To ensure that optimum conditions and an even flow are maintained throughout the process, the entire operation is controlled at all times by the programmable logic controller (PLC) control system. Critical temperatures and pressures are monitored and regulated using data from temperature thermocouples and pressure transducers. The system also boasts the ability to store historic trends from the process for evaluation at any time.

The throughput of the TCC RotoMill® is proportional to the amount of energy that is imparted into the bed of solids within the mill chamber. Basically, the more energy applied to the solids, the greater volume of liquid content is evaporated. This in turn increases the throughput of the NAF drill cuttings. Throughput is also governed by the physical properties of the NAF drill cuttings such as the oil/water/solids ratio, rock formation type and temperature of the feed material.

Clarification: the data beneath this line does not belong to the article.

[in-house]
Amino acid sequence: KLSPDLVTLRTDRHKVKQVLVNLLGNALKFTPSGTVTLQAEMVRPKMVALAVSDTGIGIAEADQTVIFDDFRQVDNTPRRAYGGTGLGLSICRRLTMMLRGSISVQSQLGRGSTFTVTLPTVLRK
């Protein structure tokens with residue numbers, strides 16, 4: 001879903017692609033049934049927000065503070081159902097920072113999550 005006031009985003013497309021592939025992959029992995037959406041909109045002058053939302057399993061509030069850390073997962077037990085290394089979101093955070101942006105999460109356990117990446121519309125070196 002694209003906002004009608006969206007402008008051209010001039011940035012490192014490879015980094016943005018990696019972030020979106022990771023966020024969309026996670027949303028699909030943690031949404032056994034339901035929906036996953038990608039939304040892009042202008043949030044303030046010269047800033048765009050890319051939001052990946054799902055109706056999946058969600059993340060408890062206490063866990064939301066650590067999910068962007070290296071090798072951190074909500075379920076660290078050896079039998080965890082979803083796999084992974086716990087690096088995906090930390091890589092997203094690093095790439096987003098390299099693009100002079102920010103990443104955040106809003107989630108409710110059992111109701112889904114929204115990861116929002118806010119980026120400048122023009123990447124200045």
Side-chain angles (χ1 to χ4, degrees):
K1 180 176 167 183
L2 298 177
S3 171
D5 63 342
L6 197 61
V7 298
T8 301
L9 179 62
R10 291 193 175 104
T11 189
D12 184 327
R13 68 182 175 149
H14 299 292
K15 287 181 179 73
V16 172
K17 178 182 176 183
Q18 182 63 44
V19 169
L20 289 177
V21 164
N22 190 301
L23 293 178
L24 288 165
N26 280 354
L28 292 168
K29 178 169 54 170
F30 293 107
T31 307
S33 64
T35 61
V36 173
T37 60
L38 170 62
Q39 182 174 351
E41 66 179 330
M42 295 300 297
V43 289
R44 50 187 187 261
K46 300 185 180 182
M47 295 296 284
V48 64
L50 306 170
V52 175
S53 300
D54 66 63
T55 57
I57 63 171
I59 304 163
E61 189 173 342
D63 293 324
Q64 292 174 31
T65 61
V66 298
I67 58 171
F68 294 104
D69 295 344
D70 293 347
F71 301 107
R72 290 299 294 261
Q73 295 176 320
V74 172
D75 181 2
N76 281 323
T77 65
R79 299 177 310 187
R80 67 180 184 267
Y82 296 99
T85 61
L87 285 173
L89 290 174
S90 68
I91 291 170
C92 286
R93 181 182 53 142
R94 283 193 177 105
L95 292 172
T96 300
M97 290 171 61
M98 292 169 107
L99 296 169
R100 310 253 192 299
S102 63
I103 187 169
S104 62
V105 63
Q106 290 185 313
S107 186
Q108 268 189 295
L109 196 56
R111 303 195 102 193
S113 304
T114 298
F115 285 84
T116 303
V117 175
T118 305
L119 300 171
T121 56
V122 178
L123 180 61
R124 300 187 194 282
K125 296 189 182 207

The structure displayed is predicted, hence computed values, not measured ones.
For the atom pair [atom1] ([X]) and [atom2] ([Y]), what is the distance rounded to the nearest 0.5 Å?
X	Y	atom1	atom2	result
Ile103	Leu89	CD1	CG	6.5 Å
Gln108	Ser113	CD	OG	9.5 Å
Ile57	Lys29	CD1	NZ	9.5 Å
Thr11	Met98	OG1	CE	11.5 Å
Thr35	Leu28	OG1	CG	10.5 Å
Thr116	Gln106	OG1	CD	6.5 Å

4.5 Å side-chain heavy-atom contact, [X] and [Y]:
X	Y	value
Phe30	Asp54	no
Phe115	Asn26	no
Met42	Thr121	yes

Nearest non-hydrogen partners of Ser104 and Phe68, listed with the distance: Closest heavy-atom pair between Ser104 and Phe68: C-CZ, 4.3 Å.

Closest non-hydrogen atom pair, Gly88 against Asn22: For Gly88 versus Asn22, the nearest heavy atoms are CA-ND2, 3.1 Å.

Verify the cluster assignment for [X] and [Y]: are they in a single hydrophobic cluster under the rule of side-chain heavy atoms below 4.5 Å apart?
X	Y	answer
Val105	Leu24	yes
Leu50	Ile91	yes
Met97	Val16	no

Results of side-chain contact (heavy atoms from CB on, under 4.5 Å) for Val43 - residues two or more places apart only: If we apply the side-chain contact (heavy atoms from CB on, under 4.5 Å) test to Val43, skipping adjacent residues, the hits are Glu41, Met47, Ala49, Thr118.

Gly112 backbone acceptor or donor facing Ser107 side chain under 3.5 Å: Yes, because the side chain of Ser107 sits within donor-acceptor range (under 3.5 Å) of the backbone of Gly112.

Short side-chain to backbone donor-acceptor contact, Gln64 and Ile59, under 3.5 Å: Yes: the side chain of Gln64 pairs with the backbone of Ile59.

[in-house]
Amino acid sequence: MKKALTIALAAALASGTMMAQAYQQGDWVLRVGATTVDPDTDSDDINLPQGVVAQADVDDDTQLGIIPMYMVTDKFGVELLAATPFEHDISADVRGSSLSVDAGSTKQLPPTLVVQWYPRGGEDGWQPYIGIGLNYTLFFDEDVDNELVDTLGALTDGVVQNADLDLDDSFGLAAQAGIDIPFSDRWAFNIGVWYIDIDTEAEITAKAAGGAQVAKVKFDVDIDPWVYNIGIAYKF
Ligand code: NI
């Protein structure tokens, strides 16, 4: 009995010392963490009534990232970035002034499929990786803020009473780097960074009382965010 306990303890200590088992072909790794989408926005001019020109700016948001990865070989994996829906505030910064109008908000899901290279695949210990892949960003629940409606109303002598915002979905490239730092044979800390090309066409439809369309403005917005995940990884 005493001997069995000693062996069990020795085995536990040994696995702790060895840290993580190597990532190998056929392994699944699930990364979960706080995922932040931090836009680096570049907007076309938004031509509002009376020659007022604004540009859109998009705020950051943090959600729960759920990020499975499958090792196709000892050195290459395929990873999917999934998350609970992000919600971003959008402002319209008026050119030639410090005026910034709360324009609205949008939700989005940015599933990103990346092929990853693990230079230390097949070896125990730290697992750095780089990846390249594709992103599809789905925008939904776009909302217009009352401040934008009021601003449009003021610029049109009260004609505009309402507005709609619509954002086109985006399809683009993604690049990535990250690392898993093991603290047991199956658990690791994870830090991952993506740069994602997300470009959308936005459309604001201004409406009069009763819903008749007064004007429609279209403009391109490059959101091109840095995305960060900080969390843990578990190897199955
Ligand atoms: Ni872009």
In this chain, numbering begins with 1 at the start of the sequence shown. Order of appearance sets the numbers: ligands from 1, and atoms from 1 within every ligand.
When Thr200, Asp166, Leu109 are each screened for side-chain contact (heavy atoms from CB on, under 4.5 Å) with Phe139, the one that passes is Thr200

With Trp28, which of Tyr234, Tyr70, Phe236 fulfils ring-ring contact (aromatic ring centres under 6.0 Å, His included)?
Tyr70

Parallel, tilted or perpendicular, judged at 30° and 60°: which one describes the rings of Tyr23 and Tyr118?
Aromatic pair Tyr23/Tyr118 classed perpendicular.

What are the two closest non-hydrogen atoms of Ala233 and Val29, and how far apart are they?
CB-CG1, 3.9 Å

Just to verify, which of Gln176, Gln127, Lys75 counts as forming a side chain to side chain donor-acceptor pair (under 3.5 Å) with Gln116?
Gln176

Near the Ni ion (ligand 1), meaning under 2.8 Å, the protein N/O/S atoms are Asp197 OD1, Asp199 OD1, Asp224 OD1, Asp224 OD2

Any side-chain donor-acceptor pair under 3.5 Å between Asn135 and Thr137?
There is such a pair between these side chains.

Recovery, recycling and re-use

The TCC RotoMill® is designed to recover 99.9% of the hydrocarbon content of NAF drill cuttings resulting in the remaining recovered solids containing less than 1% (typically less than 0.1%) hydrocarbon content by weight. Recovered water is compliant with the operator’s disposal requirements of <300 ppm (typically < 20ppm). The mill produces three distinct outputs:

  • Oil - The recovered oil is reused in the drilling fluid system as it retains the physical properties found in the drilling mud due to the pre-determined temperature within the mill chamber
  • Water - The recovered water is discharged and is typically <20ppm hydrocarbon content. This is well within the operator’s regulatory requirements. The water is mixed with the solids and re-injected into the disposal wells
  • Solids - The recovered solids have a hydrocarbon content of less than 1% and typically less than 0.1%. These solids are disposed of using CRI.

TWMA design, manufacture, own and operate a fleet of units delivering power up to 1400Kw achieving field proven throughput of 10Mt per hour of drill cuttings. These units have been deployed in contrasting geographical locations with varying temperatures from -51oC (-59.8oF) in North Dakota to more than 55oC (131oF) in Abu Dhabi with humidity of 100%.